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Finland's Finance minister Petteri Orpo, Prime Minister Juha Sipila and Foreign Minister Timo Soini (L-R) speak to media after government's open session for members of public took place during the celebration of the 100th anniversary of Finnish independence in Porvoo, Finland May 4, 2017. REUTERS/Ints Kalnins

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PORVOO, Finland (Reuters) - Finland's government held its weekly cabinet meeting in front of the glare of a live audience for the first time on Thursday, part of celebrations for the Nordic country's first hundred years of independence.

Ministers said they want to find ways of increasing openness and dialogue with voters after a low turnout -- 58.8 percent -- in April's local government elections.

At the meeting, which lasted about an hour, ministers took decisions on public office nominations and a body to handle compensation payments to forest owners for damages inflicted by wild animals.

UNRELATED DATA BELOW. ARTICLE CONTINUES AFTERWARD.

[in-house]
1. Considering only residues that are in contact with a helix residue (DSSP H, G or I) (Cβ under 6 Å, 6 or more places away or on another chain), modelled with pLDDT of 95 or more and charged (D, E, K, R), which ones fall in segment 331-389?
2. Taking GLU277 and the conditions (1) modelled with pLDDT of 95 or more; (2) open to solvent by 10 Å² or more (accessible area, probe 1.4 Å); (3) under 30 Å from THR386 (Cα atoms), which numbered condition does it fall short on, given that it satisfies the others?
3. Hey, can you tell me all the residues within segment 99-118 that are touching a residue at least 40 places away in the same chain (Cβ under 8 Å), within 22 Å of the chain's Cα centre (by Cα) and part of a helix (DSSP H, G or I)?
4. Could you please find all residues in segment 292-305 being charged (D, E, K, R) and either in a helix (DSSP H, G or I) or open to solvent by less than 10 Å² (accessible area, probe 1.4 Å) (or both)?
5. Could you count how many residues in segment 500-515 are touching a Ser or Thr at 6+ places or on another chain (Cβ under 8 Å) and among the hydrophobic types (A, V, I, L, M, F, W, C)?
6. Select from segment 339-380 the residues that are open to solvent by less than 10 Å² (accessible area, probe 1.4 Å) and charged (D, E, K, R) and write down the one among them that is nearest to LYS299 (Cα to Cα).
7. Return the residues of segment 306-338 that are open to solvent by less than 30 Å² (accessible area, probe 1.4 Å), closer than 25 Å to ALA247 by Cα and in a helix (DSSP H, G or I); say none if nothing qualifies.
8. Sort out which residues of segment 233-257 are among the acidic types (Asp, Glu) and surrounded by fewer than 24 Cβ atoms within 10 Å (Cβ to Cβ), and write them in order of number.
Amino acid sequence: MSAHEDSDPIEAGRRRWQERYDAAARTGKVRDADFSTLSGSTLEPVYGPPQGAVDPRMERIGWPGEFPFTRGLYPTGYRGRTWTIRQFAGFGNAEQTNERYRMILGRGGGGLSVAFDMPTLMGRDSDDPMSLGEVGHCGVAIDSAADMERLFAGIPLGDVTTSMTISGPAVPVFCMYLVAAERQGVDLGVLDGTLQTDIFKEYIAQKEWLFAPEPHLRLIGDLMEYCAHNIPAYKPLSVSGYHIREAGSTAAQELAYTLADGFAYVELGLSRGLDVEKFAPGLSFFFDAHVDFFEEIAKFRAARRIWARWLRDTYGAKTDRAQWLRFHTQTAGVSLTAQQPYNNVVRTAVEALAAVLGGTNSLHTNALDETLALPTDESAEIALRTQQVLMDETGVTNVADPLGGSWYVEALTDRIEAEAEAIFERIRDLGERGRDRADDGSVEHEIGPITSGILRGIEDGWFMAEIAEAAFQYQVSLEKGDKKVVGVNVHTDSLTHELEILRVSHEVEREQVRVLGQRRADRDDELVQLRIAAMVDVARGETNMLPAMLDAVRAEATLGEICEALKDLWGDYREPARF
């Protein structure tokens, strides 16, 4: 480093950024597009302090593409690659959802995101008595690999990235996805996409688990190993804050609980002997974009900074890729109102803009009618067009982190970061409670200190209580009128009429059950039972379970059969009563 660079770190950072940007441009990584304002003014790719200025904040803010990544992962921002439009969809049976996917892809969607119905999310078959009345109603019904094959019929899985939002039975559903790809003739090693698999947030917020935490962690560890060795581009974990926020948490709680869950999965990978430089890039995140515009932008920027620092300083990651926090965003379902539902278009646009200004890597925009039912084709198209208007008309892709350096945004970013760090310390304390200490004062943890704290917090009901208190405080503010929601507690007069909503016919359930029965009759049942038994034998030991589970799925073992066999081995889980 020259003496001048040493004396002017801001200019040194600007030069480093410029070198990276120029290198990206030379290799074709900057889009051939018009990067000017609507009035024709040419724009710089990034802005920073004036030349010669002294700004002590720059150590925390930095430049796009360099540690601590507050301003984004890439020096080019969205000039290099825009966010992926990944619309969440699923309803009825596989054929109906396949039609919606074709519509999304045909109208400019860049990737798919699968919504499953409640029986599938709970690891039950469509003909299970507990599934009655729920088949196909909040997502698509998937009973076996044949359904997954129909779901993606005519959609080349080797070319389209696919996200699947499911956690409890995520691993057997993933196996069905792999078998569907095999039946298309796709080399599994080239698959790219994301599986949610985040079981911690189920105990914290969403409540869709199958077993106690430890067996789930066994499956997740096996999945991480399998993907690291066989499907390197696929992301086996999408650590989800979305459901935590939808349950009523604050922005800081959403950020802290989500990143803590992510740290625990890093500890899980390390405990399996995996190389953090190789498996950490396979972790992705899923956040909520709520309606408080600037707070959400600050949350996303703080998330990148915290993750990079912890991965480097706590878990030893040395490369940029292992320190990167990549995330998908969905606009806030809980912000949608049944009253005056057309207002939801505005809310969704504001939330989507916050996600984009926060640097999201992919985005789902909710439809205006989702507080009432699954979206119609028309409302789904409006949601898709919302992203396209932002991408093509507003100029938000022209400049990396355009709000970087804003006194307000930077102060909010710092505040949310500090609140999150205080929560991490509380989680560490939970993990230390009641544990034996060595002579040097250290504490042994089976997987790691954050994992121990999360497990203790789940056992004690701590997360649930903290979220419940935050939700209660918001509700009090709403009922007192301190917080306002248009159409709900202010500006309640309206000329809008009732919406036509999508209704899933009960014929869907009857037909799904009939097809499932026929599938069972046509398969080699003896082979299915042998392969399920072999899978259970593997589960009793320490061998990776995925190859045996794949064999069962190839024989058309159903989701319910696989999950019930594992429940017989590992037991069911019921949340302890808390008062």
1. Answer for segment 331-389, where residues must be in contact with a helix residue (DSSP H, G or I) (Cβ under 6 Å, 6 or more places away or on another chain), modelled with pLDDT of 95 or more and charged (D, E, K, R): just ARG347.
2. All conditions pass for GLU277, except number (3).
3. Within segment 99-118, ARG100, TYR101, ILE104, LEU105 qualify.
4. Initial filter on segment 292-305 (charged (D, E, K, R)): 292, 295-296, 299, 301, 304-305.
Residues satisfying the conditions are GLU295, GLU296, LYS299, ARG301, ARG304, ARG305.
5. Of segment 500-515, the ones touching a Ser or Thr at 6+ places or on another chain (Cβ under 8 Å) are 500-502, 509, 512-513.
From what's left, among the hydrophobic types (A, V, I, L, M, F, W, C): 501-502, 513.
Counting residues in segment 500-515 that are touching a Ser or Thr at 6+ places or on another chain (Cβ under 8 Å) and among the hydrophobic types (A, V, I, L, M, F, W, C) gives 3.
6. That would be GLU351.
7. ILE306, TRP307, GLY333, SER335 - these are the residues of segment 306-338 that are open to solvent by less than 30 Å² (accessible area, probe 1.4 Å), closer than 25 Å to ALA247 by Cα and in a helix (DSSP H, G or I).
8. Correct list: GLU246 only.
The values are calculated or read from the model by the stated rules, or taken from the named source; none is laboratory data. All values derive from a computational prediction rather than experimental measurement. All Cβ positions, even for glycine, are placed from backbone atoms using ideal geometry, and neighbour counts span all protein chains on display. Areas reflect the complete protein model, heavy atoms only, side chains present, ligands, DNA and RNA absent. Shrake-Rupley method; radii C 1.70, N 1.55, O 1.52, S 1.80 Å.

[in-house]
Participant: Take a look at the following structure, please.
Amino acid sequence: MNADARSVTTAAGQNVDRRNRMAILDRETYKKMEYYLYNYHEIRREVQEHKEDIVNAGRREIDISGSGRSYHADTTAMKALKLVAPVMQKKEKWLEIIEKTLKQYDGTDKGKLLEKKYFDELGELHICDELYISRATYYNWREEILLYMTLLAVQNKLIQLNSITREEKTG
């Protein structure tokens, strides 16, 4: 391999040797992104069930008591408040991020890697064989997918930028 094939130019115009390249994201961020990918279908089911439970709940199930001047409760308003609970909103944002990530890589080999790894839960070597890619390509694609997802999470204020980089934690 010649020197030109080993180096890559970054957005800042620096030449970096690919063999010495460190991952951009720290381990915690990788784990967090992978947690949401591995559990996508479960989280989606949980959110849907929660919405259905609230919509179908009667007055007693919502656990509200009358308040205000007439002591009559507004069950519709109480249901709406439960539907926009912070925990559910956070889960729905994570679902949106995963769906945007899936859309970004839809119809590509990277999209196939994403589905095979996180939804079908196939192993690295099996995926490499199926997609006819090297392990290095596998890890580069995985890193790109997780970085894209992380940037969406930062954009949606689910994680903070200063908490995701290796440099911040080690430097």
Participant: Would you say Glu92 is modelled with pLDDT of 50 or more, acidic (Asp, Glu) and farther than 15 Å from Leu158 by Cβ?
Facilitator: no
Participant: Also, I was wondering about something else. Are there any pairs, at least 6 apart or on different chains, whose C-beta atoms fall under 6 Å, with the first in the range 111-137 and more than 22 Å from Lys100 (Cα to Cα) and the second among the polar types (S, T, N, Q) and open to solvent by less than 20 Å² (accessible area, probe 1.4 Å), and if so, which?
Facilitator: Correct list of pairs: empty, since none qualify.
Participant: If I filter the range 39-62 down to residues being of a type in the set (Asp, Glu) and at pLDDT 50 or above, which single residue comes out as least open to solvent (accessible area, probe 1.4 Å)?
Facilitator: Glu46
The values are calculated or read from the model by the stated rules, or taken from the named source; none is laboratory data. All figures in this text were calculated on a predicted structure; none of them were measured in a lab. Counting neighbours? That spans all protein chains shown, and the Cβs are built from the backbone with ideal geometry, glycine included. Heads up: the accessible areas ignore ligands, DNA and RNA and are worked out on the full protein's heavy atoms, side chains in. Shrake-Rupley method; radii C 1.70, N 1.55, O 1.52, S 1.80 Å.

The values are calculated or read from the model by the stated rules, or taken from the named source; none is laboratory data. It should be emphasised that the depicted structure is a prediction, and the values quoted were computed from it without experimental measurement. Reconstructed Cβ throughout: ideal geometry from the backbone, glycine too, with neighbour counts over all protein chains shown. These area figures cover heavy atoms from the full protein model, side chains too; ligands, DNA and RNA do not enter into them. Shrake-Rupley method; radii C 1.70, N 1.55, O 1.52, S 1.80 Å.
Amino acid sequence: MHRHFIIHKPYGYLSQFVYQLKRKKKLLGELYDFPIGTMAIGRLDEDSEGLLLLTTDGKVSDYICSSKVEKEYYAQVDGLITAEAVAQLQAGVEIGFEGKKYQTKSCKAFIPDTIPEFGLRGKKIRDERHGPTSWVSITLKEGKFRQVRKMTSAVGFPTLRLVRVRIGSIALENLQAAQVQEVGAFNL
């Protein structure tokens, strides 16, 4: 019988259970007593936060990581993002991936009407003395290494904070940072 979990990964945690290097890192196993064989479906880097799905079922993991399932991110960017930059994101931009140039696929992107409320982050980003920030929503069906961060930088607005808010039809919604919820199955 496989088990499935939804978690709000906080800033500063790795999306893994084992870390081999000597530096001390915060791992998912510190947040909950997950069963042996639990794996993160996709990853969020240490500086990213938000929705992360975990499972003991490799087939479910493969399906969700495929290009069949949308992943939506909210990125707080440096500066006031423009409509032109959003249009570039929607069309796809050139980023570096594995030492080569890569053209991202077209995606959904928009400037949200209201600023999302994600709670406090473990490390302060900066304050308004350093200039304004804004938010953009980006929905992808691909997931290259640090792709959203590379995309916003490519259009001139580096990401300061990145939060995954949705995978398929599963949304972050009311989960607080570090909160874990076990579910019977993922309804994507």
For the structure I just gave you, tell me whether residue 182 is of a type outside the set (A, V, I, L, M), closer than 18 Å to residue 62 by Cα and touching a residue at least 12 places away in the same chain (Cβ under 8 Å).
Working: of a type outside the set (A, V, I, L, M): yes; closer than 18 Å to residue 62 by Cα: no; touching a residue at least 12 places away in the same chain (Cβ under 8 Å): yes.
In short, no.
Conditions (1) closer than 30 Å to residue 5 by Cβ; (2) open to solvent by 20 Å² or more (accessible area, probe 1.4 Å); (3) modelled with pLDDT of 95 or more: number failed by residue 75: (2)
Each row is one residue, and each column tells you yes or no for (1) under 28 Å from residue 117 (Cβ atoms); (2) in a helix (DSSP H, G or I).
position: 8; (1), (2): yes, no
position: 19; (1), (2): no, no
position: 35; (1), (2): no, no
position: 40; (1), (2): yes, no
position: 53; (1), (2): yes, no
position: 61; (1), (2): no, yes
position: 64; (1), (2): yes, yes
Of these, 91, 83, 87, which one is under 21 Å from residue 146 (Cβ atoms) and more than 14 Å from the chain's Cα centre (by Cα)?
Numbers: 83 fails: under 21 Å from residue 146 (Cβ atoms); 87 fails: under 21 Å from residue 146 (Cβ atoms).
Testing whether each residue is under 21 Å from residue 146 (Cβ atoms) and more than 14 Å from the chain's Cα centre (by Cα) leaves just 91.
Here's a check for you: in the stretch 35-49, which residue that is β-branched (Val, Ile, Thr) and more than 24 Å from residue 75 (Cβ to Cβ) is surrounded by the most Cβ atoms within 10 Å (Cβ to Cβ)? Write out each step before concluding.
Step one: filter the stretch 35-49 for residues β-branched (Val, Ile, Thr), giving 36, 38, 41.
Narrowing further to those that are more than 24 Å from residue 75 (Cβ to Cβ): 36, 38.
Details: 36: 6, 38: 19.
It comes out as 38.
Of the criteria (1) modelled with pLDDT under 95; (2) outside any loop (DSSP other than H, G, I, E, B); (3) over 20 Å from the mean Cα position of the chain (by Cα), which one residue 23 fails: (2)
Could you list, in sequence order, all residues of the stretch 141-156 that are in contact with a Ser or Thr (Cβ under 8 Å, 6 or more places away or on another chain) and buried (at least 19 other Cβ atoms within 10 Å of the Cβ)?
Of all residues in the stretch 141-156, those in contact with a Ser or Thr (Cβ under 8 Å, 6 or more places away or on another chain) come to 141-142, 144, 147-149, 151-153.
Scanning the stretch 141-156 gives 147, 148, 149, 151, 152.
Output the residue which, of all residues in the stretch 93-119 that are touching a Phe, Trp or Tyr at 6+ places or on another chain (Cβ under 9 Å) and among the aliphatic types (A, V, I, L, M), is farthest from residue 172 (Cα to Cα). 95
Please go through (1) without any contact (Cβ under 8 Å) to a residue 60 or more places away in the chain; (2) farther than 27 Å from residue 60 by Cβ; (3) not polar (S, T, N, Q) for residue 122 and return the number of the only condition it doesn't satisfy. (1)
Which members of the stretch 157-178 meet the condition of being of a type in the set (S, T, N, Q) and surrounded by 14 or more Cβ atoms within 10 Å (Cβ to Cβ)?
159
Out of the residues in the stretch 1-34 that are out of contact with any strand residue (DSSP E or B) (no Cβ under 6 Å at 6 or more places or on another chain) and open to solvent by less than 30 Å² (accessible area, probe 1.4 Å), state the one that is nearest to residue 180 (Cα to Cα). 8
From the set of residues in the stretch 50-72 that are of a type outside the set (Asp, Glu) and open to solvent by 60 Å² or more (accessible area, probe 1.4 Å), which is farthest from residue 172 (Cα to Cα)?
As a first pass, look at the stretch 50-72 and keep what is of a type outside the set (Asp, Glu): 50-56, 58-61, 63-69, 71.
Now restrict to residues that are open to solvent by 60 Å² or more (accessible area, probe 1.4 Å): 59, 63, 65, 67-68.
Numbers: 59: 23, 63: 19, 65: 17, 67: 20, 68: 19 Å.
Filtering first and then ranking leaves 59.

Prime Minister Juha Sipila said it was business as usual.

"It seemed like a combination of playacting and actual decision-making", said Aki Saariaho from Open Network Finland which promotes open democracy.

"People should have more opportunities to interact with elected officials. But this is a good start."

Almost 600 people watched the cabinet in action in Porvoo, a town by the Baltic Sea where the first parliament of Grand Duchy of Finland convened in 1809 after becoming an autonomous part of the Russian Empire. It remained a part of the empire until 1917.

Today, Finland is ranked among the world's top ten most democratic countries, according to the Economist Intelligence Unit.

At the meeting, some ministers said they believed online tools could be used to deepen direct democracy at local government level, such as via online referendums, and supported lowering the voting age from 18 to 16.

Finance Minister Petteri Orpo said that cyber security would, however, need to be enhanced before online votes could be introduced. Social media already gave voters a platform to critique government, he said.

"For now, it's good that social media storms keep us awake and offer us kind of referendums that support the decision-making."

(Reporting by Tuomas Forsell and Jussi Rosendahl; editing by Richard Lough)

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